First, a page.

Opponents of project could pursue petition process for a new public hearing, county staff says
On Jan. 31, Sarasota County staff issued the necessary permit to the agent for TST Ventures of Sarasota, clearing the way for a waste transfer station to be constructed on property adjacent to the county’s “Quads” parcels.
The Quads are next to the Celery Fields, which has become a major tourist destination in the eastern part of the county.
As news about the permit has spread among residents who live in the area, opposition to the project has begun to mount, The Sarasota News Leader has learned.
Although planned and functioning as a regional stormwater facility for the county, the Celery Fields has become known internationally for the variety of birds seen there year-round, as well as for the number of species that winter on the property.
Among the concerns nearby residents already are expressing about the waste transfer facility site plan are whether the turn lanes for traffic entering and leaving the property will function safely and whether landscape buffering and lighting will be appropriate and adequate.
As approved by county staff on Jan. 31, the site and development plans for the Palmer Transfer Station say, “Refuse collection, mechanical equipment, trash compaction, loading areas, recycling, roof-top equipment and other service function areas shall be fully screened and out of the view from adjacent properties and public [rights of way]. The screening shall extend one foot above the height of the object to be screened.”
The site plans also note that all of the walls around the property are to be constructed 8 feet high.
The News Leader asked county staff this week whether members of the public would have any recourse if they felt the plans were insufficient. Mark A. Loveridge, manager of the county’s Land Development Division, responded in a Feb. 5 email: “There is a process to amend the [County Commission-approved] stipulations by filing a petition through the public hearing process.” However, he added of staff members, “We cannot require additional steps since construction authorization has been issued.”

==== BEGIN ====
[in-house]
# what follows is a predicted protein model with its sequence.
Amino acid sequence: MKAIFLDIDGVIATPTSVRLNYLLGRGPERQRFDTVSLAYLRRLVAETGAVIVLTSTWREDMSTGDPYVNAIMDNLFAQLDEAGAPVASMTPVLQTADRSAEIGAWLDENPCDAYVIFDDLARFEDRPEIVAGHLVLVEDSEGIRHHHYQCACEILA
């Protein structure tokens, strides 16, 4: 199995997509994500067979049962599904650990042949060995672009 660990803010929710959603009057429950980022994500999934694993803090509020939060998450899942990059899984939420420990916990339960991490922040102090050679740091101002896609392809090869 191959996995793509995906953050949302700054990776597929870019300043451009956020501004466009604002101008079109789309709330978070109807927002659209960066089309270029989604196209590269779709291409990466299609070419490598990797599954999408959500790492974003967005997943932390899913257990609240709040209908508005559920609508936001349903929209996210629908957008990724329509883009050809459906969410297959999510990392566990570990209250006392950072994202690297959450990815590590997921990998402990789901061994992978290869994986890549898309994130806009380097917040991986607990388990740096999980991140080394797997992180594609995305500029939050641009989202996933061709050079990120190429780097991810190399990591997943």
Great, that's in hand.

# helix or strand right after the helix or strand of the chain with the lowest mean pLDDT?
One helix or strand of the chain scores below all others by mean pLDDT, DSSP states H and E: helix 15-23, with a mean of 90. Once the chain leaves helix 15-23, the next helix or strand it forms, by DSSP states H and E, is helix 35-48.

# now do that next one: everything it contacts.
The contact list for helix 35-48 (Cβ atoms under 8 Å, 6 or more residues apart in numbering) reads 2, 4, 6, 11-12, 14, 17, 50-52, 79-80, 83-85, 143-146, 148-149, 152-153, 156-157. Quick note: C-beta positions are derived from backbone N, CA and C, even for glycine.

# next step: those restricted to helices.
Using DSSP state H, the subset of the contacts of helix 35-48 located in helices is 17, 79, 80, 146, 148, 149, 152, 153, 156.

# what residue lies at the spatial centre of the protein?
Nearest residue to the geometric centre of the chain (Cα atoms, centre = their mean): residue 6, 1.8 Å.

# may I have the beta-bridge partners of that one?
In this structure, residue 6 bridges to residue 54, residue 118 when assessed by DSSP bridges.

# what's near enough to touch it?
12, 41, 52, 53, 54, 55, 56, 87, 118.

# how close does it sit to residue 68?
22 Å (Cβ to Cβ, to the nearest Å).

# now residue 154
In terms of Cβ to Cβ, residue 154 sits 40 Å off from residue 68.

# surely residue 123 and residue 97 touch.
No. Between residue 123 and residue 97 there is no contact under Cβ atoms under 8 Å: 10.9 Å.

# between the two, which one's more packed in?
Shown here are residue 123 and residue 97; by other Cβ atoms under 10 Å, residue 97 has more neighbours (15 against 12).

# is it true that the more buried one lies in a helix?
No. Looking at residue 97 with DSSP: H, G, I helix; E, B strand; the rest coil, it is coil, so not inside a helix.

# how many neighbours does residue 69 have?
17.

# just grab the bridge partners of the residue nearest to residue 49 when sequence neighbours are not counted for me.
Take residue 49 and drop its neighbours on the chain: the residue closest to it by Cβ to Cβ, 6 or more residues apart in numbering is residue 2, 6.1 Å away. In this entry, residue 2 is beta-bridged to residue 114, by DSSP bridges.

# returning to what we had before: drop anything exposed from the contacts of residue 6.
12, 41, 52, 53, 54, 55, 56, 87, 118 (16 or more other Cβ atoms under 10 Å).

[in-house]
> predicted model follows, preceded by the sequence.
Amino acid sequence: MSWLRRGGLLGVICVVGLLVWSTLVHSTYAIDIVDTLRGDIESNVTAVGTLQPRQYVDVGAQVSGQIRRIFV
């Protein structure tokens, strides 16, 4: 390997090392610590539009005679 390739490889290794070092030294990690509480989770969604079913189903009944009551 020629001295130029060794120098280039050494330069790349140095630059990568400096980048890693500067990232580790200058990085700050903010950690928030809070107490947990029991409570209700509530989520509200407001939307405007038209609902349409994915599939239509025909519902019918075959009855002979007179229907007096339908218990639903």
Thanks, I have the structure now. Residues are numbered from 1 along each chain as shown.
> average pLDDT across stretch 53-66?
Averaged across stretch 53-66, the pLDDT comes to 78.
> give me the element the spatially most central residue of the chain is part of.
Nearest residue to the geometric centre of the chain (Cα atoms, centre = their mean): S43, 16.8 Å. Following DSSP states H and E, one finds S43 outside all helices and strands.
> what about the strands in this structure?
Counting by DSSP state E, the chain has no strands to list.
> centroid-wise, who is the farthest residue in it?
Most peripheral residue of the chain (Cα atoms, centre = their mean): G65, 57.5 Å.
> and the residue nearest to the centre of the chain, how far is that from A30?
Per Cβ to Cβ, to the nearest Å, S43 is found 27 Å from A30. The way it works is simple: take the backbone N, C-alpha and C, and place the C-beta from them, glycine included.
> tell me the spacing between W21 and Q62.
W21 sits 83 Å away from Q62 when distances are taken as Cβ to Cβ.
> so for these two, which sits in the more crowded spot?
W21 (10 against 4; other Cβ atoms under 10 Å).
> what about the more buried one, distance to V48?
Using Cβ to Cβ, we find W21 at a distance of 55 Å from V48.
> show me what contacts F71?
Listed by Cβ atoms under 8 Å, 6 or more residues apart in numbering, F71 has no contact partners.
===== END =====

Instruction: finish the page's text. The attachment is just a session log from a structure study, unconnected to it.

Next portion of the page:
During a Feb. 5 telephone interview with the News Leader, Tom Matrullo, one of the leaders of a group that last year represented 50 homeowner associations in the area, said he was not certain at this point whether any of the residents would want to purse the type of petition Loveridge had referenced. “There’s clearly enough public dissatisfaction, or actual anger” over the issuance of the permit, he said. Still, “We’d have to look into how that [petition process] works.”
Among their greatest concerns, Matrullo indicated, advocates of the Celery Fields are worried that if the waste transfer station is constructed as proposed, its existence could influence future county planning for the Quads.
Last year, the County Commission gave the group representing the 50 homeowner associations — the Fresh Start Initiative — the opportunity to offer suggestions about development on the Quads that Fresh Start members felt would be compatible with the Celery Fields. As they made their final presentation to the commission — in September 2018 — Fresh Start representatives emphasized the need for the commission to consider the entire area — and how it has changed over the decades — as they eventually discuss potential uses of the county property.
During the Feb. 5 telephone interview, Matrullo stressed that the residents who participated in the Fresh Start effort were not focused just on the Celery Fields. Likewise, at this point, many of them are not just concerned about the waste transfer station, he continued. “We are talking about the process by which planning occurs in Sarasota County, and that is a countywide issue.”
Sarasota County Property Appraiser Office records show Gabbert has owned the site — located at 6150 Palmer Blvd. — since April 2015, when he bought it for $100,000.